Comments on “When will you go bald?”

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Ha!

Kenny's picture

I’ve been loving the recent posts (I write as I’m currently several weeks behind). I’m enjoying the riffing.

One thing I found amusing is in thinking that, in practice, ‘baldness’ really could be ‘sharpened’. IIRC, there have been studies about the precise ‘distribution’ of ‘redness’ among peoples. If there was a sufficiently motivating purpose, I could readily imagine “Ahh, yes, he has {0.13, 0.57} hair distribution; very much what would have been previously considered ‘bald’.”

There’s a kind of [ha!] shadow corollary to your meta-rationalism thesis (and you’ve definitely mentioned it, if somewhat indirectly) [emphasis mine]:

Is vermillion (differing from central red mainly in hue) more or less truly red than crimson (differing from central red mainly in lightness)? You could create a unified difference metric by choosing axis weights, but it would have no meaning, unless it were formulated to address a particular practical purpose.

While there is no eternal meaning, absolute truth, or perfect rational algorithm for either forming (absolutely) true beliefs or making optimal decisions, we could get arbitrarily close – if we wanted to.

Spatial distribution matters; that is why hair transplantation surgery can make a bald person non-bald. However, distribution would be difficult (and probably meaningless) to quantify.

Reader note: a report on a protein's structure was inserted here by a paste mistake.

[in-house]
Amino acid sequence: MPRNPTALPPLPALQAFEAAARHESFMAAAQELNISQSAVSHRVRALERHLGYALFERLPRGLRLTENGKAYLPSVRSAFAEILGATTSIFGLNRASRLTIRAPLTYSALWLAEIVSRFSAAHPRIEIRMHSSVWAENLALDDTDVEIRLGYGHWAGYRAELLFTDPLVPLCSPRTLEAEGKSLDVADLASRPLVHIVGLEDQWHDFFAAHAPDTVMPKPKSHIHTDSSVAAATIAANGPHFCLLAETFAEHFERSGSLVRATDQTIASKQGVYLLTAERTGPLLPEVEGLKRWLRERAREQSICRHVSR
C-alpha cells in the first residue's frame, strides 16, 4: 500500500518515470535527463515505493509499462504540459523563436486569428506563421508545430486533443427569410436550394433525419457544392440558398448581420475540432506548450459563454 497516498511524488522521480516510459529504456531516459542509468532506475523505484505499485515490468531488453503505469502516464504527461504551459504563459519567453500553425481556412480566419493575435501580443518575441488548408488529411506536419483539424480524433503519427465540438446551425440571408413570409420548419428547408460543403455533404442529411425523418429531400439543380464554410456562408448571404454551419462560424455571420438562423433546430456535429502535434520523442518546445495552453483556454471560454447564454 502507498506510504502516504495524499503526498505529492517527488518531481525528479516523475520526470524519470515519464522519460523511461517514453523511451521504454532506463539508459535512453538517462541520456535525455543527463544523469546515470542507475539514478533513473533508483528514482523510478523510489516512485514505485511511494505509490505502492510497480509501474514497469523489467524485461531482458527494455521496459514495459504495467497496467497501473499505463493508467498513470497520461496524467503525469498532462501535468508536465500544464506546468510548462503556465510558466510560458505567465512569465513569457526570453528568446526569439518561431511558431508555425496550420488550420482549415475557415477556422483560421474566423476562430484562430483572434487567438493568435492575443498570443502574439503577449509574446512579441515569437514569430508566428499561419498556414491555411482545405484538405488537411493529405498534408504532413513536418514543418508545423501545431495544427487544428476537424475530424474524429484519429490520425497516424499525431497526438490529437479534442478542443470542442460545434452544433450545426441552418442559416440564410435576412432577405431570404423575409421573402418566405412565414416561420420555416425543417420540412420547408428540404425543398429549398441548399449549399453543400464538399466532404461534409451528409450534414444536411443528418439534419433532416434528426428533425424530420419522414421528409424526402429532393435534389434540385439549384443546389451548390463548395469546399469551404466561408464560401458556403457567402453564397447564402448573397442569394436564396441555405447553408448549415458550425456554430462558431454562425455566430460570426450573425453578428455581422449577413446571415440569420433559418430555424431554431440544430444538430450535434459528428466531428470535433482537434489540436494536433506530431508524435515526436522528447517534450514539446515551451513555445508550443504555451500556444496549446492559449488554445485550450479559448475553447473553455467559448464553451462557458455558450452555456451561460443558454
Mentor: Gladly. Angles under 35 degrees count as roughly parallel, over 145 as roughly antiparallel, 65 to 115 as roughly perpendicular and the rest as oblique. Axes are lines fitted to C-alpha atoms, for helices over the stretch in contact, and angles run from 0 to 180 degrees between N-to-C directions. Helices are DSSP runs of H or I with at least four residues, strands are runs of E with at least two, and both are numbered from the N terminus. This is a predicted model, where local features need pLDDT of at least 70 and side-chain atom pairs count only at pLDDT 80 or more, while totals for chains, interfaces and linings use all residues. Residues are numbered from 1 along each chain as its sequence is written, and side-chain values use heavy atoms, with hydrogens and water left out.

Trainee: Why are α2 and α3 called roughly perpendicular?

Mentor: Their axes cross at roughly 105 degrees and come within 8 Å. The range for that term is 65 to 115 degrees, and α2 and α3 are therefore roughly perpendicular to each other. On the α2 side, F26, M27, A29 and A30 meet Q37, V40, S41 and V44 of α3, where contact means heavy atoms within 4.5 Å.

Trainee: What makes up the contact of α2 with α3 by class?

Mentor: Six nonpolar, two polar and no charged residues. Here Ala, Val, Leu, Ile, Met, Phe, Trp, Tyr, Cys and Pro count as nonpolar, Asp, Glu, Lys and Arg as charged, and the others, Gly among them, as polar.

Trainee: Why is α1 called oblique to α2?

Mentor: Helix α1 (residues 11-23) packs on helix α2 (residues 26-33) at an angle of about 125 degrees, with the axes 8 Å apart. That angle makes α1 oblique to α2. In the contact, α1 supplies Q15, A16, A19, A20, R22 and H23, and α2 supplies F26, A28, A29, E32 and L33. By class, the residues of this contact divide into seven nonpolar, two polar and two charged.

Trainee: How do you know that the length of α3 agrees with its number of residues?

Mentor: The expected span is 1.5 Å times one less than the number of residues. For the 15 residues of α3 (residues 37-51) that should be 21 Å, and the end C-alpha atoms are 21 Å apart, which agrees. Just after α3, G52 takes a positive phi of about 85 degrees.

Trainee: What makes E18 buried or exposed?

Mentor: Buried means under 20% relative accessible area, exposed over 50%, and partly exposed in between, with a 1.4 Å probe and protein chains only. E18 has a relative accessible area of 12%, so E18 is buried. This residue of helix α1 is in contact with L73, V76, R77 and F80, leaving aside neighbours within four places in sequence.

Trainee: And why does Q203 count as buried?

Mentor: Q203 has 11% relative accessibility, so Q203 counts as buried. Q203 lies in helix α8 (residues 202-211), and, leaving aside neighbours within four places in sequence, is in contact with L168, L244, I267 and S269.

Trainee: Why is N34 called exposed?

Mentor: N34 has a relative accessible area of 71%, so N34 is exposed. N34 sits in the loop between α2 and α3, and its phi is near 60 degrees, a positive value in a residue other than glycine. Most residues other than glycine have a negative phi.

I’m less skeptical that it hasn’t already been done and isn’t meaningful too (to someone, for some purpose).

[I realized, after typing the above, that this is ‘just’ a restatement of things you’ve already written about, extensively!]

Existence/reality, viewed as a ‘charnel ground’ (or hell): there is no eternal meaning, absolute truth, or perfect rational algorithm for either forming (absolutely) true beliefs or making optimal decisions.

But there’s lots we can do instead of lamenting the impossibility of fixed, eternal, absolute ‘perfection’.

Indeed, biological evolution has done a pretty good job of producing ‘biotech’ for the creation of meaning and truth via ‘good enough’ (tho also very sophisticated!) algorithms, as you point out in footnote [5], where you mention the color constancy that our eyes and brains calculate.

And, after giving up on ‘escaping the charnel ground’, we can notice that the fact that there is any stable meaninginess, that any kind or degree of truth is possible, or that any algorithms are even ‘good enough’ (for often fantastic purposes), is amazing and, in some sense, a miracle. (Existence is also a ‘pure land’!)

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